How Much Does Car Chassis Repair Cost?

Written by: Staff
Last Updated:  August 8, 2018

The chassis of a car or truck is the internal framework that supports the body of a vehicle and is almost like the skeleton of the automobile.  Like the vehicle itself, the chassis is exposed to many road conditions that can damage it and leaving it like this can eventually lead to a broken chassis, which in turn, can affect the performance of the car.

If you feel your car is no longer as smooth as it used to be, then the problem could be the chassis.

Tools by Julien_Dumont, on Flickr
Tools” (CC BY 2.0) by Julien_Dumont

How much does a car chassis repair cost?

The price of repairing a car’s chassis will depend on the make and model of the vehicle, the extent of the damage, if it has to be replaced, the geographical location; and the mechanic fixing the car. On average, since there are so many factors, the cost can range anywhere from $1,000 for a minor repair to as much as $4,000+ depending on the factor mentioned above.  If the car was in a serious accident, for example, then the costs could be more than what the car is worth because of the damage done to the surrounding parts in the chassis.

On one member chimed in and said the frame alone will cost about $500 to $600, but if you were planning on hiring a mechanic, then the hourly costs could be between $60 to $70 per hour.  With most jobs taking about 40 hours, you’re looking at $2,800 at a minimum.

According to one forum member on, he was quoted $1,500 to repair and straighten his chassis.

Car chassis repair overview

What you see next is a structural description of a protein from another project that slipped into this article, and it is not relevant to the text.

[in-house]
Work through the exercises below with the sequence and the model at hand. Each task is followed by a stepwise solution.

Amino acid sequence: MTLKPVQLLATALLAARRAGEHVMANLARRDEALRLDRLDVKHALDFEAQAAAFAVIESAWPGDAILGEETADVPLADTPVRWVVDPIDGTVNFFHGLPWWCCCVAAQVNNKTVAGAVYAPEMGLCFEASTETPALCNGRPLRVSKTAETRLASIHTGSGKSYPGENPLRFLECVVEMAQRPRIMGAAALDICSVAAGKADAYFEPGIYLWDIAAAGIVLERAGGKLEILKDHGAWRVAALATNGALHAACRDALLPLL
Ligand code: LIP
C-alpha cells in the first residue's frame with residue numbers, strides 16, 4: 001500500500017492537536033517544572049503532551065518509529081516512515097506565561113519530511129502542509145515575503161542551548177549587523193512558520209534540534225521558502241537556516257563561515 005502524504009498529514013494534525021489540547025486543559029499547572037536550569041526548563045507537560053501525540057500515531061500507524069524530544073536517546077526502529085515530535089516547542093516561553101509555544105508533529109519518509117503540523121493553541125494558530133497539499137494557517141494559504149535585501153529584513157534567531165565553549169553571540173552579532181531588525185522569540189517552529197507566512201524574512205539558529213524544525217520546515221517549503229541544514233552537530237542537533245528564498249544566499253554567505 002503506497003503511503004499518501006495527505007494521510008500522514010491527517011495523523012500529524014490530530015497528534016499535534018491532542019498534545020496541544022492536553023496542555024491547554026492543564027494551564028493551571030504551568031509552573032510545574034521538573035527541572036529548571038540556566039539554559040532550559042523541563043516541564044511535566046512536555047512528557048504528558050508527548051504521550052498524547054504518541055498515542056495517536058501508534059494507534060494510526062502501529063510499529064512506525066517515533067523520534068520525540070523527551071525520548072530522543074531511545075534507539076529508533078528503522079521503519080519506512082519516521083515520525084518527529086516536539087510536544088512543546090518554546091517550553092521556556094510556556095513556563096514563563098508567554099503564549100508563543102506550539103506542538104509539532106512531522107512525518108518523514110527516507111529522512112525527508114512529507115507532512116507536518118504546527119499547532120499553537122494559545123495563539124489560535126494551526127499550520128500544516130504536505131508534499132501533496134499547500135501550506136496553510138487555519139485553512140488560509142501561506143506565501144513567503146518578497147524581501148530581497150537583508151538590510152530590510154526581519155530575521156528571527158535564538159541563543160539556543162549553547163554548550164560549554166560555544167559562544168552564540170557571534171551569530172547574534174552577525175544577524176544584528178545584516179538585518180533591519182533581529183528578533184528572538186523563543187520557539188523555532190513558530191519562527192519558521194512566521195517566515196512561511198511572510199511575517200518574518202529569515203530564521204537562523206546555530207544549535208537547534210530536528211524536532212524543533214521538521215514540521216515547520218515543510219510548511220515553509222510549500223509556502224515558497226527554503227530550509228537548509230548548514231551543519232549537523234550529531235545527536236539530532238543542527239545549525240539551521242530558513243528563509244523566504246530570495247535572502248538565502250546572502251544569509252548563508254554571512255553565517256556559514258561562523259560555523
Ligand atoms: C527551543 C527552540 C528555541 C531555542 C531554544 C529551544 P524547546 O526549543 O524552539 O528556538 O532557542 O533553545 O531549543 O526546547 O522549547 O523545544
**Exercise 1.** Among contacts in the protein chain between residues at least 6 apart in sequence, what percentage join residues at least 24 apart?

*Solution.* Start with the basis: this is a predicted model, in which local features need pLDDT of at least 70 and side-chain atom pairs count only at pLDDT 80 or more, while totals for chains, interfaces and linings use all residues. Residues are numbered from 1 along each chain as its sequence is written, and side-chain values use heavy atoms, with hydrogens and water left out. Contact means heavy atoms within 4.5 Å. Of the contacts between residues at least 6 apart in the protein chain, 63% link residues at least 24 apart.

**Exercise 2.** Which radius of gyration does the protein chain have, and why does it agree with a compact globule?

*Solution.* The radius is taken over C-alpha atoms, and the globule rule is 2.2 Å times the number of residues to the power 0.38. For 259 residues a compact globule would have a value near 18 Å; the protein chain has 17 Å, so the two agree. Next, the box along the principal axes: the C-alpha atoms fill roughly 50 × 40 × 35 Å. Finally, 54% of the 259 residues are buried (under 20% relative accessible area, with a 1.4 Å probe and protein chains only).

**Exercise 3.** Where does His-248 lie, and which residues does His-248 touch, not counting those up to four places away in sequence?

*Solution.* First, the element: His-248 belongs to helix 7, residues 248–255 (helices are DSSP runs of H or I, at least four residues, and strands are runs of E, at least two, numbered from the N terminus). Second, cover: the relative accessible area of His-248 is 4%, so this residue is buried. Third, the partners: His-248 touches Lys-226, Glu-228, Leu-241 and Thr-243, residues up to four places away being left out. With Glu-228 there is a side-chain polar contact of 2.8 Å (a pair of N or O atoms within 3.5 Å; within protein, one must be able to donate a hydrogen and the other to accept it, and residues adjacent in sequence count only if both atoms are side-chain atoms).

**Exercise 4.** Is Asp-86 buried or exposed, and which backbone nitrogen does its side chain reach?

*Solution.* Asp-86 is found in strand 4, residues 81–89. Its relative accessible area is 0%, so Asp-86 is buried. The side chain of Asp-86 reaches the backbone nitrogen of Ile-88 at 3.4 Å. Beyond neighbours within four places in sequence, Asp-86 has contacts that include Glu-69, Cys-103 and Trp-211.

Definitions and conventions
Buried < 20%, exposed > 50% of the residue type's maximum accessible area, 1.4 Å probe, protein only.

The chassis, as defined by mechanics, will be characterized as the bottom frame, but it will include the transmission, differential, driveshaft, engine and suspension as these parts are critical to the operation.  Depending on the repair, sometimes a minor repair is all that’s needed, whereas other jobs may require more serious repairs.  Before an estimate is given, a mechanic will check the axles, the CV joints and driveshaft to make sure the chassis is the problem.  Even though the chassis can affect your steering, the power steering may be the area of concern, not the chassis itself.

For instance, the frame can be repaired while attached to the body of the car, but if the damage were too severe, then the body will have to be taken apart to allow the mechanic to inspect the entire frame to see which parts need the repair, increasing the costs quite a bit.

Depending on the extent of the damage, the engine and transmission will be pulled out to create a bare frame.  Once bare, it will be chemically stripped to remove any grime, dirt and/or rust present on the body.  This also offers a better surface to make repairs and/or weld.  The problem frame section, once stripped, will be cut away and a new frame rail will be welded into place using the exact measurements as the old frame.  The frame will then, most of the time, be powder coated, but this can depend on the professional fixing it, and the rest of car will be put back together.

The quotes mentioned above should include the labor and parts.

What are the extra costs?

Some mechanics may charge an additional fee if other parts or repairs are needed.  For example, on, one member said to be aware of other issues once the frame is exposed.  This could include the gas lines, gas tank straps, shocks, springs, etc; all of which can increase the costs quite a bit.

Tips to know:

If there is a slight damage on the chassis, have it checked early so the damage does not become worse in the future, leading to higher repair costs.

Even though fiberglass won’t rust,  it doesn’t mean the frames underneath won’t.  According to, the end of the main frame rails are often where most frames see the damage.

How can I save money?

To save money, get quotes from at least three to five different mechanics. Some may want to visually inspect it, while others may be able to offer a ballpark estimate over the phone.

Sometimes, straightening the existing chassis may be more expensive than replacing it with a new one.  Talk with your mechanic to see if it makes sense to replace it with a newer body.  Most of the time, they will say yes if the part is older than 20 to 25 years.  Even if the existing chassis was strengthened, existing problems could loom in the future.

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